Recent Advances in Wireless Telegraphy

London Times

As the subject of wireless telegraphy has not yet apparently lost interest for the general reader, I venture to ask a little space to make known for the first time some recent achievements by Mr. Marconi which have astonished those who have been allowed to examine them. Every one is aware that in his system of electric wave telegraphy an important feature is the employment of an elevated conductor, which generally takes the form of a wire suspended from a mast. When Mr. Marconi attracted attention by his feat of establishing communication across the English Channel without wires, critics raised a not invalid argument against its commercial utility, that a wave or signal sent out from one transmitter would affect equally all receivers within its sphere of influence, and hence the privacy of the communication would be destroyed. No one felt the force of this objection more strongly than the distinguished inventor himself, whose original work has caused so many others to attempt to follow in his steps. For the last two years he has not ceased to grapple with the problem of isolating the lines of communication, and success has now rewarded his skill and industry. Technical details must be left to be described by him later on, but meanwhile I must say that he has modified his receiving and transmitting appliances so that they will only respond to each other when properly tuned to sympathy. I am well aware that other inventors have claimed to be able to do the same thing, but I do not fear refutation in saying that no one has given practical proof of possessing a solution of this problem which for a moment can compare with that Mr. Marconi is now in a position to furnish.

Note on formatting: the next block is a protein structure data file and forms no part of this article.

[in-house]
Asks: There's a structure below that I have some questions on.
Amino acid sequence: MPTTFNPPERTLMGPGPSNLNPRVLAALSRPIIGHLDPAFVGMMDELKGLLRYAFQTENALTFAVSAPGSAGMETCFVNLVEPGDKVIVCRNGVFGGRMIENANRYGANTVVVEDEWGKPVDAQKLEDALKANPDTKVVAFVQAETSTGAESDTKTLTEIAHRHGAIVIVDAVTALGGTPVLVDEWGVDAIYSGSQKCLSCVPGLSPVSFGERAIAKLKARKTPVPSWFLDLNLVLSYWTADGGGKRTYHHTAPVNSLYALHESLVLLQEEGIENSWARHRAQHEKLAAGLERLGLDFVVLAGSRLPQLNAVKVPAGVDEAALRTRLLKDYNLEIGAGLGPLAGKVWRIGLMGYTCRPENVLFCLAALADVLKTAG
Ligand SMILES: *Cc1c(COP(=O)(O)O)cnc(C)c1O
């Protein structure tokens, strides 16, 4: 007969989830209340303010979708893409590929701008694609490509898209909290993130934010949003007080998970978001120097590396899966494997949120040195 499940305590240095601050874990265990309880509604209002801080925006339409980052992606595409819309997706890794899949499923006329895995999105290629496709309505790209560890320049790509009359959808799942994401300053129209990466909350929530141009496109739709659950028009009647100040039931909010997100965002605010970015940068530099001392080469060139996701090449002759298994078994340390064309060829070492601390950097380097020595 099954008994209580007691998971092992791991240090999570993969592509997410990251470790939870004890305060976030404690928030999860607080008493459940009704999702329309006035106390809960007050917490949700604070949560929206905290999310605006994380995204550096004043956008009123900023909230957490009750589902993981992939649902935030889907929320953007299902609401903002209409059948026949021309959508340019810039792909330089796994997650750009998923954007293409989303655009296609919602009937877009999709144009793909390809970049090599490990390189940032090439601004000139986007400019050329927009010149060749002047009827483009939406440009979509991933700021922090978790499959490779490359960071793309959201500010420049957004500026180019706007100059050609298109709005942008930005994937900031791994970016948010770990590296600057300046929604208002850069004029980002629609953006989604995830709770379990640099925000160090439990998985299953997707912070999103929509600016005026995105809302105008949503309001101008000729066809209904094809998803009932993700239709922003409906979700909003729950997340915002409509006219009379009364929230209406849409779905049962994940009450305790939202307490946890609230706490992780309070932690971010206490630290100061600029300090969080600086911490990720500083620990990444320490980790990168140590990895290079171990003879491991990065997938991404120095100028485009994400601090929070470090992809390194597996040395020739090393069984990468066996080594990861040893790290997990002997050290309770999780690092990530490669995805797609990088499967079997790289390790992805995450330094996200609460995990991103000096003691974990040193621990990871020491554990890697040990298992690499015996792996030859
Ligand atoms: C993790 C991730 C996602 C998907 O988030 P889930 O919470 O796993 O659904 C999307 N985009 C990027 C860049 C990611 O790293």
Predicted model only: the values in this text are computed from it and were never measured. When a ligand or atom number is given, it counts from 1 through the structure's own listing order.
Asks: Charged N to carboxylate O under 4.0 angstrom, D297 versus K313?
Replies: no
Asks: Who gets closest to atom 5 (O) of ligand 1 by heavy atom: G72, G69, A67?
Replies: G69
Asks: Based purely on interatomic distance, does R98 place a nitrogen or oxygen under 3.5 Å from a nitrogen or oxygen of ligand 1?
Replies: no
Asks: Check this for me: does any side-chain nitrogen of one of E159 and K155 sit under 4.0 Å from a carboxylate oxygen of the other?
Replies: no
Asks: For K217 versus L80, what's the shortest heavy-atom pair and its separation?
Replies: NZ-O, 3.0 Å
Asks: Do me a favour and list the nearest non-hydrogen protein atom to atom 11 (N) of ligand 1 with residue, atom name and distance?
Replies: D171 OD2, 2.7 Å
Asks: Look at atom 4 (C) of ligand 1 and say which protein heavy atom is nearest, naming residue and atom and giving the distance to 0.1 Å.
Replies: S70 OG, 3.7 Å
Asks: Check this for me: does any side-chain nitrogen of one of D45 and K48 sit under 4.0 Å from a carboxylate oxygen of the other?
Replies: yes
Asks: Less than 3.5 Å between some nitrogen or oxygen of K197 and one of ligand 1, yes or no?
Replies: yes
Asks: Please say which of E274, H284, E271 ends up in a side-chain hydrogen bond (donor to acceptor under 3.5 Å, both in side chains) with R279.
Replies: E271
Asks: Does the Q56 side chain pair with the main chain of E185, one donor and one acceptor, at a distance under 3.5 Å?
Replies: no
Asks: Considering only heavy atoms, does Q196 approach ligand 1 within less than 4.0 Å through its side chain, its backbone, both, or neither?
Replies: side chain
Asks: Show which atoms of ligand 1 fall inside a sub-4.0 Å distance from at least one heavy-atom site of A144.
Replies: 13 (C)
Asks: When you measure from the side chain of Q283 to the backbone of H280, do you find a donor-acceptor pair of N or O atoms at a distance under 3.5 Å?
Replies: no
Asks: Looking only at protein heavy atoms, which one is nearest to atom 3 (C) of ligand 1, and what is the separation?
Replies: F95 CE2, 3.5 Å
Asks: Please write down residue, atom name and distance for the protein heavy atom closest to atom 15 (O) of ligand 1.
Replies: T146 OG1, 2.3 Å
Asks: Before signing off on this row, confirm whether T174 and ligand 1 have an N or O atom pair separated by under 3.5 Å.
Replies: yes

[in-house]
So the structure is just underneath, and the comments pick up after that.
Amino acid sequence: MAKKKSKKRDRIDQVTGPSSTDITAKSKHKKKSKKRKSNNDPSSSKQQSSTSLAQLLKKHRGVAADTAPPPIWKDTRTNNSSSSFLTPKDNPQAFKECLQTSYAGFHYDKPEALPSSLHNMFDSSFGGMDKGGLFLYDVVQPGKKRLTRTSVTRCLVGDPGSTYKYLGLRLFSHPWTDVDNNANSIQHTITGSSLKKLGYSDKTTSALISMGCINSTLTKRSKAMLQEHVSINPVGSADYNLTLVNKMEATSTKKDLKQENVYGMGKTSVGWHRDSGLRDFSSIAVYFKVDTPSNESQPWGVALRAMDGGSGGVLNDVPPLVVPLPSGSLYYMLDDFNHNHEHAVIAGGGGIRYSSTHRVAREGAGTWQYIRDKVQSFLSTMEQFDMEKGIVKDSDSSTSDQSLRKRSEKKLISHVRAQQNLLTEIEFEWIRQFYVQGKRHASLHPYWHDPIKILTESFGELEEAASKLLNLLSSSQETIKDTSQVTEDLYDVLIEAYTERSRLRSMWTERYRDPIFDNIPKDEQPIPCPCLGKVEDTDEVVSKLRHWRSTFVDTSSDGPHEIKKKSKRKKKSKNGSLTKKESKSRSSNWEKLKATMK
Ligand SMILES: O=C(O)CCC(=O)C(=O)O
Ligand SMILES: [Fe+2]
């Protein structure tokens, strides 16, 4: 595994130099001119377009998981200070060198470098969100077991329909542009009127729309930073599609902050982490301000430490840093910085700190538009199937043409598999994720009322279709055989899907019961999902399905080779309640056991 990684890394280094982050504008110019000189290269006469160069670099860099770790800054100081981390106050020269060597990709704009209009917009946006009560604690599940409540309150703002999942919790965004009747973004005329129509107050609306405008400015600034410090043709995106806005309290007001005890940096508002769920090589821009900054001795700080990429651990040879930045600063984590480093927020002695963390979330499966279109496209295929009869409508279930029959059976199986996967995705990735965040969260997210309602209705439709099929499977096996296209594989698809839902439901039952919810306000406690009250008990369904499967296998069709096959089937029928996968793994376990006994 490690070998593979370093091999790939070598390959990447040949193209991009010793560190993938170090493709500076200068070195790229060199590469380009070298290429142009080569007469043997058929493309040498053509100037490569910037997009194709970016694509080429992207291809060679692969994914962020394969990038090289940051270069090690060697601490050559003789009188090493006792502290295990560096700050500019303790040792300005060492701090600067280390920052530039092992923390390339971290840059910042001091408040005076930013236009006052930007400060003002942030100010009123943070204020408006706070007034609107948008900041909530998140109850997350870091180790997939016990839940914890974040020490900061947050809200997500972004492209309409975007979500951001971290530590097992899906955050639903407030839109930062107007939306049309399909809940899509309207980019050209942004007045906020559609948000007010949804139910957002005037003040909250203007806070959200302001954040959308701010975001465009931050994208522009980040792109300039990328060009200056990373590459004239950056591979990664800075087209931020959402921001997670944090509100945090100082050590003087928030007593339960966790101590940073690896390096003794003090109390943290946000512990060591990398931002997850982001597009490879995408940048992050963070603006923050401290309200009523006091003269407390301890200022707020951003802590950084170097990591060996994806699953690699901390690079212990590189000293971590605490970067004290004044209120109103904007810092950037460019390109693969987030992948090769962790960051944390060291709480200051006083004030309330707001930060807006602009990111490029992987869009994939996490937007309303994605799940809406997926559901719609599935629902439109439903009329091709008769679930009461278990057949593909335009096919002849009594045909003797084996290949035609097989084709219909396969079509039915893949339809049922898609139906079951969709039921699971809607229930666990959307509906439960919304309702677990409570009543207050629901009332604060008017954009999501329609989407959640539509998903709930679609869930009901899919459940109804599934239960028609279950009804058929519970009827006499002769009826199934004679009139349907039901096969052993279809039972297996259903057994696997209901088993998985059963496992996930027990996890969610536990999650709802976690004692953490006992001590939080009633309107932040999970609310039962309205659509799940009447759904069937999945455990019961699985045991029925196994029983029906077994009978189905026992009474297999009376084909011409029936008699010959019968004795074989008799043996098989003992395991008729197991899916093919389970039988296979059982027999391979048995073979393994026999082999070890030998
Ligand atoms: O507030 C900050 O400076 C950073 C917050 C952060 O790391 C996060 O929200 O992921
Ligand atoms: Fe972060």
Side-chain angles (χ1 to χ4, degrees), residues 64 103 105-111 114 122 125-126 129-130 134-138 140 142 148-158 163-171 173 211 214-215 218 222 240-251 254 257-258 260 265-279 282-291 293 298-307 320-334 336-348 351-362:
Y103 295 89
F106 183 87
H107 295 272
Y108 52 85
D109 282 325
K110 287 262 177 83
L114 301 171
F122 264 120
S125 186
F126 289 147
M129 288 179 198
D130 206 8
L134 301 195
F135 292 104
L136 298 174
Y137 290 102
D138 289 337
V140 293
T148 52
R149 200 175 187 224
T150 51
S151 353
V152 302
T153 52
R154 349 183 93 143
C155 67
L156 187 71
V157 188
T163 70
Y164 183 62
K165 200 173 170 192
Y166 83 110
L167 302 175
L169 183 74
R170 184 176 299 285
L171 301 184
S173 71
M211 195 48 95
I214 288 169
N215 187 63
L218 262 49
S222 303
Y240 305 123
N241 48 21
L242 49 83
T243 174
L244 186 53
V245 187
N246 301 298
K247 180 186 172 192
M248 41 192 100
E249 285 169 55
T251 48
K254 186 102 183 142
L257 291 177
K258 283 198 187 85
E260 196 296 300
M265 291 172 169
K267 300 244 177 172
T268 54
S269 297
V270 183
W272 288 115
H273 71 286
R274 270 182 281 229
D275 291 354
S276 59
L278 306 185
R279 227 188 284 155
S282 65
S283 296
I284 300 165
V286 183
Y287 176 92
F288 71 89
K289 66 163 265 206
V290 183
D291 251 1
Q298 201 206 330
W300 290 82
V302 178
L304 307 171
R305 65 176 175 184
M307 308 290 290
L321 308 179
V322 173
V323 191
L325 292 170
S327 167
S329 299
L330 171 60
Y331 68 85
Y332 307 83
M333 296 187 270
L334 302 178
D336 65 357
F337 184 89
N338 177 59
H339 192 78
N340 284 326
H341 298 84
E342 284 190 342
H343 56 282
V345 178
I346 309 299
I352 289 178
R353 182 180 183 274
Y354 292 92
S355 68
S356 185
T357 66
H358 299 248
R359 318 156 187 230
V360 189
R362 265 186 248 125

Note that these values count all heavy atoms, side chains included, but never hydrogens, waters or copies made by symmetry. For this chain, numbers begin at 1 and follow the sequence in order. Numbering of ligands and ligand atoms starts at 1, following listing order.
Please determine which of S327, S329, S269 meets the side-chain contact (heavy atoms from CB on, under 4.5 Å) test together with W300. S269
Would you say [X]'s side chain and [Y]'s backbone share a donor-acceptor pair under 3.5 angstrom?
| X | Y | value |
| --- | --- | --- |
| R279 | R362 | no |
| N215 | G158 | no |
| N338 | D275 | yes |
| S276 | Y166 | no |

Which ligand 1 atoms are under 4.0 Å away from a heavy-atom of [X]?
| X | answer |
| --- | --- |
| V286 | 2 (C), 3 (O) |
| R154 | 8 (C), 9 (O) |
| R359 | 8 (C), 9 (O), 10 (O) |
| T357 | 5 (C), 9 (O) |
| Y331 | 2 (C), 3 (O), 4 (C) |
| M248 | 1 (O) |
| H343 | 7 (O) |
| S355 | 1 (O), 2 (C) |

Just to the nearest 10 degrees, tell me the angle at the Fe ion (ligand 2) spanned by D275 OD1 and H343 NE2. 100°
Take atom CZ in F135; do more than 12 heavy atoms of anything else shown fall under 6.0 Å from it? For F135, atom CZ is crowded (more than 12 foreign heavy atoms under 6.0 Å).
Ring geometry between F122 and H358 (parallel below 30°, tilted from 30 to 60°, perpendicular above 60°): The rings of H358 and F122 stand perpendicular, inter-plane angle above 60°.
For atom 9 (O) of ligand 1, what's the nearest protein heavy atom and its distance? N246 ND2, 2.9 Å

These experiments have been conducted between two stations thirty miles apart, one near Poole, in Dorset, and the other near St. Catherine's in the Isle of Wight. At the present moment there are established at these places Mr. Marconi's latest appliances, so adjusted that each receiver at one station responds only to its corresponding transmitter at the other. During a three days' visit to Poole, Mr Marconi invited me to apply any test I pleased to satisfy myself of the complete independence of the circuits, and the following are two out of many such tests: Two operators at St. Catherine's were instructed to send simultaneously two different wireless messages to Poole, and without delay or mistake the two were correctly recorded and printed down, at the same time, in Morse signals on the tapes of the two corresponding receivers at Poole.

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